Latinos account for 52 percent of all U.S. population growth
By Antonio Flores, Mark Hugo Lopez and Jens Manuel Krogstad
The U.S. Hispanic population reached a record 59.9 million in 2018, up 1.2 million over the previous year and up from 47.8 million in 2008, according to newly released U.S. Census Bureau population estimate.
Over the past decade, however, population growth among Hispanics has slowed as the annual number of births to Hispanic women has declined and immigration has decreased, particularly from Mexico.
Even so, Latinos remain an important part of the nation’s overall demographic story. Between 2008 and 2018, the Latino share of the total U.S. population increased from 16 percent to 18 percent. Latinos accounted for about half (52 percent) of all U.S. population growth over this period.
Here are some key facts about how the nation’s Latino population has changed over the past decade:
—Population growth among U.S. Hispanics has slowed since the 2000s. From 2005 to 2010, the nation’s Hispanic population grew by an average of 3.4 percent per year, but this rate has declined to 2.0 percent a year since then. Even so, population growth among Hispanics continues to outpace that of some other groups. The white population saw negligible growth between 2015 and 2018, while the black population had annual average growth of less than 1 percent over the same period. Only Asian Americans have seen faster population growth than Hispanics, with a 2.8 percent growth rate between 2015 and 2018. (All racial groups are single race, non-Hispanic.)
—The South saw the fastest Latino population growth of any U.S. region. The Latino population in the South grew 33 percent during this period, reaching 22.7 million in 2018, up 5.6 million from 2008. This growth was part of a broader increase in the Latino population in regions across the country since the 1990s. States in the Northeast (25 percent increase), Midwest (24 percent) and West (19 percent) also experienced growth in the number of Latinos from 2008 to 2018.
—The states with the fastest Hispanic population growth tend to have relatively small Hispanic populations—and are not in the South. North Dakota’s Hispanic population grew by 135 percent between 2008 and 2018—from 12,600 to 29,500, the fastest growth rate of any state. However, the state ranked 49th among the 50 states and the District of Columbia in its overall Hispanic population in 2018. Hispanic populations in South Dakota (75 percent), the District of Columbia (57 percent), Montana (55 percent) and New Hampshire (50 percent) also experienced rapid growth during this period, though all have relatively small Hispanic populations.
—Los Angeles County had more Hispanics than any other U.S. county, with 4.9 million in 2018. The next largest were Harris County, Texas (2.0 million), and Miami-Dade County, Florida (1.9 million). Overall, 11 counties had more than a million Hispanics in 2018; these include Maricopa County, Arizona; Cook County, Illinois; and Riverside County, California. In 102 U.S. counties, Hispanics made up at least 50 percent of the population in 2018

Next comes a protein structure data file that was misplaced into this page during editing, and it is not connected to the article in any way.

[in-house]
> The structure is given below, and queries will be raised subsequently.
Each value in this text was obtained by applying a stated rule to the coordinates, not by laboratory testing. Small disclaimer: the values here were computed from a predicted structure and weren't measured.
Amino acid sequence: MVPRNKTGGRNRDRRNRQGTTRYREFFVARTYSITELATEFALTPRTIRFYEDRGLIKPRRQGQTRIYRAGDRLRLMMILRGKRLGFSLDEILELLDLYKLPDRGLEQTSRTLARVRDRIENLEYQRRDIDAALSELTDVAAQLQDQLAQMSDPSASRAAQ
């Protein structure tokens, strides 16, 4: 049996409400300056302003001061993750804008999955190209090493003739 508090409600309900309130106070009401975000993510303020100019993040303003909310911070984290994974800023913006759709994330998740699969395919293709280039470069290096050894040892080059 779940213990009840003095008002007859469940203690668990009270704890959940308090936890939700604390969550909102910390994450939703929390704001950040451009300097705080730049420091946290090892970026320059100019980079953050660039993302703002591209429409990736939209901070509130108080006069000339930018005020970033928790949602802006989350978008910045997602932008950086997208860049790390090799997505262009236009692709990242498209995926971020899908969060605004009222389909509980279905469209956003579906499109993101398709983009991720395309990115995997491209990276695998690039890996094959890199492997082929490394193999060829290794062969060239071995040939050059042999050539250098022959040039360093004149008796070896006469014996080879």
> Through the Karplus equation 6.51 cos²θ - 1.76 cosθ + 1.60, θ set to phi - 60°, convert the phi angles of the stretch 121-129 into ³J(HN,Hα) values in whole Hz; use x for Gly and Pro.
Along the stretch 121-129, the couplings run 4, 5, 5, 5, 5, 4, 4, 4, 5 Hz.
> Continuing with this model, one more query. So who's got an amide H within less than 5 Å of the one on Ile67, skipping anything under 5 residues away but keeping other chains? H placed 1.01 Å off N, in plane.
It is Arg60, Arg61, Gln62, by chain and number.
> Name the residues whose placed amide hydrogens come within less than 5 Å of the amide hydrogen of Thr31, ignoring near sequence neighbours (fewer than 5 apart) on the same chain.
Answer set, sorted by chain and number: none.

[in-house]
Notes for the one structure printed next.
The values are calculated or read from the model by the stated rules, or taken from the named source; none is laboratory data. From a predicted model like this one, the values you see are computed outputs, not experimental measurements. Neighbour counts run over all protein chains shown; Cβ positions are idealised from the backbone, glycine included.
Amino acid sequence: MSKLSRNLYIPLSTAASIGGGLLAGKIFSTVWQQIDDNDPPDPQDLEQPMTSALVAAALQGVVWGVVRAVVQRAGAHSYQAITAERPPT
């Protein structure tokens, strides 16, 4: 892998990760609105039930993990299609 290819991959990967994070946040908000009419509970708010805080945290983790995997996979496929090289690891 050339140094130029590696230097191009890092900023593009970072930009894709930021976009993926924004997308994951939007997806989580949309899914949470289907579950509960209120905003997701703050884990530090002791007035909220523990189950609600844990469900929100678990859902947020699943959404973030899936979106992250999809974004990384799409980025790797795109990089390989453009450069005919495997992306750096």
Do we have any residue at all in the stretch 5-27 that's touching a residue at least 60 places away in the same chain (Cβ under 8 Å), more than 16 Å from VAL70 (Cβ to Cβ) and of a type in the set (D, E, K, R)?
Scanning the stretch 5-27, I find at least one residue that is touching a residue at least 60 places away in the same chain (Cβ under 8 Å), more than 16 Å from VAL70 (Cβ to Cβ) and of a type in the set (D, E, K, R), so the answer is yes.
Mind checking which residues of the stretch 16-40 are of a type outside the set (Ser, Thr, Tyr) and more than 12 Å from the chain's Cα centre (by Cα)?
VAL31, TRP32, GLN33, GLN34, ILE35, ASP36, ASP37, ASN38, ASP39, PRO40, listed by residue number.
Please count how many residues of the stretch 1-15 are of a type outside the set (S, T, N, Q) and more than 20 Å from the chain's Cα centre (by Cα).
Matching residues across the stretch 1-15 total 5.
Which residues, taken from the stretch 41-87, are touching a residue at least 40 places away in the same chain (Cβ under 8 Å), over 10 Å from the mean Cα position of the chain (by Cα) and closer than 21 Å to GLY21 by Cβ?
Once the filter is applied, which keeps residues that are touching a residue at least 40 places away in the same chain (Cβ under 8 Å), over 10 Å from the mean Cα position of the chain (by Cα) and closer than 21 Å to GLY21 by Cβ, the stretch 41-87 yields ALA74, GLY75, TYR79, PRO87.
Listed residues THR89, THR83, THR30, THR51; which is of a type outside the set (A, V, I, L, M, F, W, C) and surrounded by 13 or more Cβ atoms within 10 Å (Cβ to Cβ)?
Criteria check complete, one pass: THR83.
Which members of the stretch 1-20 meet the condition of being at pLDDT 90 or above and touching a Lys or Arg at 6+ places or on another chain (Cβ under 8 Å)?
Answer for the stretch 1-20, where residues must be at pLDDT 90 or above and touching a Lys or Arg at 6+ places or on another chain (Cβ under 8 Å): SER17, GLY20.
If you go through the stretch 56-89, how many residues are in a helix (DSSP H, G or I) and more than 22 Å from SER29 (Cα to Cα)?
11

—Puerto Rico’s population declined nearly 4 percent in 2018 and is down about 15 percent since 2008. The island’s population stood at 3.2 million in 2018, down from 3.3 million in 2017, when hurricanes Maria and Irma hit. The two disasters led many Puerto Ricans to leave for the U.S. mainland, especially Florida. Even before the hurricanes, however, the island’s population had experienced a steady, long-term population decline due to a long-standing economic recession.
—Latinos are among the youngest racial or ethnic groups in the U.S. but saw one of the largest increases in median age over the past decade. Latinos had a median age of 30 in 2018, up from 27 in 2008. Whites had the highest median age nationally—44 in 2018—followed by Asians (37) and blacks (34). The median age for both Latinos and whites has increased by three years since 2008, tying for the largest uptick of any racial or ethnic group.
A Latin Grammy Award is an award by The Latin Recording Academy to recognize outstanding achievement in the Latin music industry.
The Latin Grammy honors works produced anywhere around the world that were recorded in either Spanish or Portuguese and is awarded in the United States.
(Pictured left-President and CEO of the Latin Academy of Recording Arts & Sciences Gabriel Abaroa Jr. speaks onstage at the Premiere Ceremony during the 20th annual Latin GRAMMY Awards. Photo by Greg Doherty/Getty Images for LARAS)
This year’s Latin GRAMMY Awards event was held on November 14th in Las Vegas at the MGM Grand Garden Arena, and the three-hour telecast aired live on the Univision Network.
Rosalía marks historic night for women at Latin Grammys with album of the year win.
The breakthrough performer known for blending flamenco music with sounds like reggaeton and Latin trap, won album of the year, becoming the first solo female performer to win the top honor since Shakira’s triumph 13 years ago.
Annual Latin GRAMMY Awards Key Show Moments:
Opening musical – Tribute to the legacy Latin music represents – 20 artists performed four iconic songs representing four music genres:
“La Vida es un Carnaval” – Celia Cruz
“Querida” – Juan Gabriel
“Secreto de Amor” – Joan Sebastian
“De Musica Ligera” – Soda Stereo
Fernández Family Musical Dynasty
Historic performance: Three generations perform on the stage for the first time – Vicente (grandfather), Alejandro (son), and Alex (grandson).
Alex (Te Amare), Alejandro (Caballero), Vicente (La Derrota) all three (Volver Volver), accompanied by El Mariachi Sol de Mexico de Jose Hernandez.